SylvainLS

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About SylvainLS

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  1. http://www.brickwiki.info/wiki/LDraw_unit And yes, about all LDraw applications use them in their UI.
  2. Practical tip: colour the 3-fingered one as transparent, you’ll then see if the articulation bumps match the holes. Theoretical tip: the articulation points are at 12 LDU from the centre of the part. That means two 3612.dat correctly connected are at 24 LDU from each other.
  3. If I remember correctly, that thread is more about the business side, for BL sellers. (If you want to see all the messages on one page: https://www.bricklink.com/messageThread.asp?ID=220859&nID=1040635 ) I was more talking about this (sub)forum: http://forum.bricklink.com/viewforum.php?f=5&sid=ea07d8385bcb8a204bd992606cf9517f
  4. Update 2017-08-17 Added: 18455 / 18455.dat Hinge Brick 2 x 4 Locking with 1 Finger on Top at One End 92903 / 92903.dat Arch 1 x 3 x 2 with Curved Top md5sum: 4cfd013b4632e8c0c411f7e30eb8df86
  5. Read BrickLink Mosaick forum, plenty of wanted features (which won’t be implemented soon by BL).
  6. Update 2017-08-13 Added: 93223 / 93223.dat Minifig Beard Medium Short Updated: 15341 / 15341.dat Minifig Robot Arm md5sum: 178932728e81a526e608ddcf467cddc0
  7. TL;DR: 93888.dat is in Unofficial ( http://www.ldraw.org/cgi-bin/ptscan.cgi?q=93888 ), it has been there for a long time. LDD treats 3007 and 93888 as different (the latter having internal supports), whereas, in LDraw, 93888.dat is a simple alias to 3007.dat (but a long help text explaining the differences (which don’t include internal supports)). So using 93888.dat isn’t necessary and could even be a problem but, as many parts are already only available in Unofficial, in those cases I prefer to use the correct DesignID.
  8. How to bend flex axles?

    1. Only Flex Rods 7M, 11M, and 12M are flexible (14M, 16M, and 19M aren’t). Don’t ask me why 2. You block one end (connect it to another part), you use the flex tool (F) on the other end, which should follow your mouse. If the rod is totally free (not connected), it’ll still move and flex a bit.
  9. Update 2017-08-04 Added: 18835 / 18835p01.dat Minifig Hair Mid-Length Straight with Gold Crown Pattern 88323 / 88323.dat Technic Chain Tread 38 Reinforced md5sum: 43786195f6d977424e571767af7a0dee
  10. legolijntje already sent us (me and Roland) the file and, as surmised, it’s a problem with the file, not with the flattening (mpd to ldr), not with ldraw.xml. There’s a 0.1 instead of a -0.1 in a matrix in the top-level model, the bricks apparently show really near where they should be but the matrix is wrong (not a rotation). I guess legolijntje will correct that soonish. As an aside, as you want to import in Mecabricks in the end, if it’s possible, maybe you could transform the model submodel by submodel: it should greatly help you with overlapping bricks (less bricks to import, less bricks rejected by LDD, less bricks to re-add afterward).
  11. Okay. Must have been down for some time.
  12. digital-bricks.de (hyphen + .de, not .org) But I don’t see anything there that can help you.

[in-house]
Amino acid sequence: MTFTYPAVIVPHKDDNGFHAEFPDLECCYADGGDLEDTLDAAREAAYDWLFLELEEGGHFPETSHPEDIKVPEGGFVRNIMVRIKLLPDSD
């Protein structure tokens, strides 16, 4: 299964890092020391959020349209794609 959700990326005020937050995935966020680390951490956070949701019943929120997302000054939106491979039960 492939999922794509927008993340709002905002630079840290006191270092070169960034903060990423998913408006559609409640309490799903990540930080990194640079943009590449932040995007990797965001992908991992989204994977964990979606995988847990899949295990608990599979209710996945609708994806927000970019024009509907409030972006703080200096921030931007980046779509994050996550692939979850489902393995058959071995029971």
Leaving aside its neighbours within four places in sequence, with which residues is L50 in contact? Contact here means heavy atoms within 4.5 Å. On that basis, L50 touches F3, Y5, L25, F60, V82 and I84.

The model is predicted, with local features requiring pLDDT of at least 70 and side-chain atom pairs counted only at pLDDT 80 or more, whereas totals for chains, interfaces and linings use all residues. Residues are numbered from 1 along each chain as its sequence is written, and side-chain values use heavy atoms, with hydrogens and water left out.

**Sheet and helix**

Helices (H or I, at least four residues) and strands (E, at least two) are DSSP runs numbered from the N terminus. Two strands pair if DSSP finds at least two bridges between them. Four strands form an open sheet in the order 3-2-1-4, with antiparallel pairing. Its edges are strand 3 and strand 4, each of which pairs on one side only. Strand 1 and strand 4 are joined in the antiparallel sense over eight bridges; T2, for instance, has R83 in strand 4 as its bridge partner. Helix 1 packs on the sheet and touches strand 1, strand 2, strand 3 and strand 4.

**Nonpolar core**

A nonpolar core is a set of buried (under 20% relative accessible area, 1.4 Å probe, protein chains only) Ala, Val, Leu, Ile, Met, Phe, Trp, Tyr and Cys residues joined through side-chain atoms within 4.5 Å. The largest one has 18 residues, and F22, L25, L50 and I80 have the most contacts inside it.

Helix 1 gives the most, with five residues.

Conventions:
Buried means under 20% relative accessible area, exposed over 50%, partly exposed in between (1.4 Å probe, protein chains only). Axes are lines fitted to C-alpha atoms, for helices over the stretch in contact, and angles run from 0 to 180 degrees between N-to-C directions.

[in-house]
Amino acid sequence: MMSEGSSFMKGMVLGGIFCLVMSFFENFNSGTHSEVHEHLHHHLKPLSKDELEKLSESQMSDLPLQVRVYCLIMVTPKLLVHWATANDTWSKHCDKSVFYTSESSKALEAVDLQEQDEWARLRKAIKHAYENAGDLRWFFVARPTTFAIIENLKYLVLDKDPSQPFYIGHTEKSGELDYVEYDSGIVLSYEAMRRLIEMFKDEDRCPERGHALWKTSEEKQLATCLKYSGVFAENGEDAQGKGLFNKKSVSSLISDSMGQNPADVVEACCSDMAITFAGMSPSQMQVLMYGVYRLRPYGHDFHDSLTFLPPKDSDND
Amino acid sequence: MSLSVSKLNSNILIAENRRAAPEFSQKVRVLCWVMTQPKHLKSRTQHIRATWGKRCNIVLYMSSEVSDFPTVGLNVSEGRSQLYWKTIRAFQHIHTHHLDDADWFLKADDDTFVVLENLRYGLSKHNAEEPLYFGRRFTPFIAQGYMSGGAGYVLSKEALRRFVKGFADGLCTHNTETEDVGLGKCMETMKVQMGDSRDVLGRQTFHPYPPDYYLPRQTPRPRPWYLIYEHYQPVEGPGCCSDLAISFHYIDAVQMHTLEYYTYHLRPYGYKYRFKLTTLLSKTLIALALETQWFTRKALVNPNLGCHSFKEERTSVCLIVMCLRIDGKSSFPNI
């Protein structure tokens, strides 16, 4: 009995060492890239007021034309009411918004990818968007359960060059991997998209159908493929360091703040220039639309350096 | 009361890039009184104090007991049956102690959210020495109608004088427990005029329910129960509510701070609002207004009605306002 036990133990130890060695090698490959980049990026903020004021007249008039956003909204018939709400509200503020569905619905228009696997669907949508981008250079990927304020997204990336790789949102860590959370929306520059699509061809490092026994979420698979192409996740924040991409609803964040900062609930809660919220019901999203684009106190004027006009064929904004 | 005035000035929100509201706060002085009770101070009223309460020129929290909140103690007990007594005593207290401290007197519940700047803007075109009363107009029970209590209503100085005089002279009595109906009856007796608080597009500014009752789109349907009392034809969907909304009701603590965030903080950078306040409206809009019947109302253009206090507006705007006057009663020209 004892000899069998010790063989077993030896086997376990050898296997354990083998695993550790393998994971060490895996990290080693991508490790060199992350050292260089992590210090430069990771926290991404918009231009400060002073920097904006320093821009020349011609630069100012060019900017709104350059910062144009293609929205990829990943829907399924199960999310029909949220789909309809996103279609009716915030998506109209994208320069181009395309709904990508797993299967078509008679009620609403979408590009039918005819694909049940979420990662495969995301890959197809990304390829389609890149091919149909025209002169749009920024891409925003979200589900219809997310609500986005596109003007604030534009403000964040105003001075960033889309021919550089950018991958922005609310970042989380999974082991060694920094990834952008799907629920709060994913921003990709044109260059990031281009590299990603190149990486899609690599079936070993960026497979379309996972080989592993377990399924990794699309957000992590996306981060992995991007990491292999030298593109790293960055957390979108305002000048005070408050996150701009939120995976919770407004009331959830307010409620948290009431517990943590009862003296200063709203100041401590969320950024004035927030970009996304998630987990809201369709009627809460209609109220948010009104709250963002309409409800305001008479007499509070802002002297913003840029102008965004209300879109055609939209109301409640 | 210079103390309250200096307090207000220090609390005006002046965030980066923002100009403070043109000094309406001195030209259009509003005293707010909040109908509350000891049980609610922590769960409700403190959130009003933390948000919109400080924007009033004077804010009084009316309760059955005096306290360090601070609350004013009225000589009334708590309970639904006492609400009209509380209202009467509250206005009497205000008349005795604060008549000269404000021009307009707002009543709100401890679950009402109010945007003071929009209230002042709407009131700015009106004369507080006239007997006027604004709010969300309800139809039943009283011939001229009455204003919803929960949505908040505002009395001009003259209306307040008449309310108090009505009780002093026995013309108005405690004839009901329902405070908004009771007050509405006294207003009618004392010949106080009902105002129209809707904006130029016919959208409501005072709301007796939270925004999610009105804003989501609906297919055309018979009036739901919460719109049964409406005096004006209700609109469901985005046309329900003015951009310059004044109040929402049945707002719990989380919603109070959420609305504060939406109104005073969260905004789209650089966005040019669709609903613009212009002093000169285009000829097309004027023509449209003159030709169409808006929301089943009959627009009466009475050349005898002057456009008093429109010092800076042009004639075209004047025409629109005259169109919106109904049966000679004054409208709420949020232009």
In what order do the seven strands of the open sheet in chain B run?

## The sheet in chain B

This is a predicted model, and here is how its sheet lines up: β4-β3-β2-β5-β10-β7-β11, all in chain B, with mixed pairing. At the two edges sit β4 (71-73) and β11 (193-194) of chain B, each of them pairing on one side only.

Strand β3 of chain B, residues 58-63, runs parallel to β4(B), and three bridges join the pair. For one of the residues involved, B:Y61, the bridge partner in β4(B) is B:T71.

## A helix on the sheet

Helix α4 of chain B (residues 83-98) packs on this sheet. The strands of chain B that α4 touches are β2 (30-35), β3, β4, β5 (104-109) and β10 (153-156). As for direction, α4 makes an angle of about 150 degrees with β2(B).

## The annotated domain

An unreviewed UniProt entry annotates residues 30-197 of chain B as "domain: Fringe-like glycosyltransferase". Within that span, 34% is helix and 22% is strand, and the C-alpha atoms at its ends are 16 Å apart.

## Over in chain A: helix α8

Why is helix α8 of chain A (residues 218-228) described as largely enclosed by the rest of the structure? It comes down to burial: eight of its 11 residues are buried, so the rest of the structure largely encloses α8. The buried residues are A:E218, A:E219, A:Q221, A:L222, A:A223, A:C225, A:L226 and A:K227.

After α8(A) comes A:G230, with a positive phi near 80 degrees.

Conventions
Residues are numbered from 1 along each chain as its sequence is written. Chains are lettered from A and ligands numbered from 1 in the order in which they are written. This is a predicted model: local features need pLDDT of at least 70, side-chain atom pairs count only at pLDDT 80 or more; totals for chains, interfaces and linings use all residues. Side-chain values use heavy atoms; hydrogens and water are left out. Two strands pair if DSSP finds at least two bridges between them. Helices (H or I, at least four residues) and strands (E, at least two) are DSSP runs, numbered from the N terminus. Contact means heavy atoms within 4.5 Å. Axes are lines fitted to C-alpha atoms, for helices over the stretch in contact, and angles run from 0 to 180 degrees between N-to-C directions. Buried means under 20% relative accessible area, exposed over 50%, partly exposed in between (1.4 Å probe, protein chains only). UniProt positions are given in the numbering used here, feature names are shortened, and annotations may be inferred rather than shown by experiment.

13. The values in the LDR file have 3 digits, so ±0.001. The example that works leads to an “identity” matrix with (1 or 0) ±0.0005. The one that isn’t orthogonal gives (1 or 0) ±0.0005 and spurious 0.06 and 0.19. I don’t believe these 0.06 and 0.19 can be floating point errors. Especially as the entry matrices uses the same values, just with different signs: [ [-0.304, -0.31, -0.901], [-0.002, -0.945, 0.325], [-0.953, -0.1, 0.287] ] # isn't a rotation [ [-0.304, 0.31, 0.901], [ 0.002, -0.945, 0.325], [ 0.953, 0.1, 0.287] ] # is a rotation
  14. Yes. “Flipping” an axis as a determinant of -1 (your scale-an-axis-negatively matrices are diagonal matrices with two 1 and one -1, aren’t they?). So, you do N = A x M x B, with A, B, and M orthogonal, M a rotation matrix (determinant of 1), and A and B with a determinant of -1. Hence, N is orthogonal, with a determinant of -1 x 1 x -1 = 1. IOW, N is a rotation matrix. Too bad it isn’t (even though it’s determinant is (almost) 1) Hence one of the above hypotheses is wrong: either M, A, or B, or two or all of them aren’t orthogonal (because orthogonal matrices are a group, so XxY is orthogonal iff X and Y are orthogonal), or something happened to the matrices. We really need a simple example (that doesn’t import well in LDD) where we can clearly see which part is the mirror of which. (I wasn’t able to build one using LDCad’s mirror tool (but I’m no LDCad expert): they all import well in LDD.)
  15. Flattening an MPD isn’t rocket science: read the whole file, store each submodel, and then dump the main model, replacing each used submodel by its content, coloring it (= replacing color 16) and transforming the matrices using the one in the use-line (simple multiplication). Here is another (dumb) example in Ruby for your collection The flattening shouldn’t cause much problem (beside approximation errors): we have 4x4 transformation matrices that are multiplied together and we end up with 4x4 transformation matrices. If we start with (rotation+translation) matrices, we should end up with (rotation+translation) matrices (I think : I know rotation matrices are a group, I think (rotation+translation) matrices are another one). @roland As we can see in the examples I gave, the numbers are the same but the first matrix isn’t orthogonal and the second one is. I don’t think approximation errors are the culprit here. As an aside, there’re ways to find the nearest orthogonal/rotation matrix. That’s what Qt does in the QMatrix4x4::optimize() function.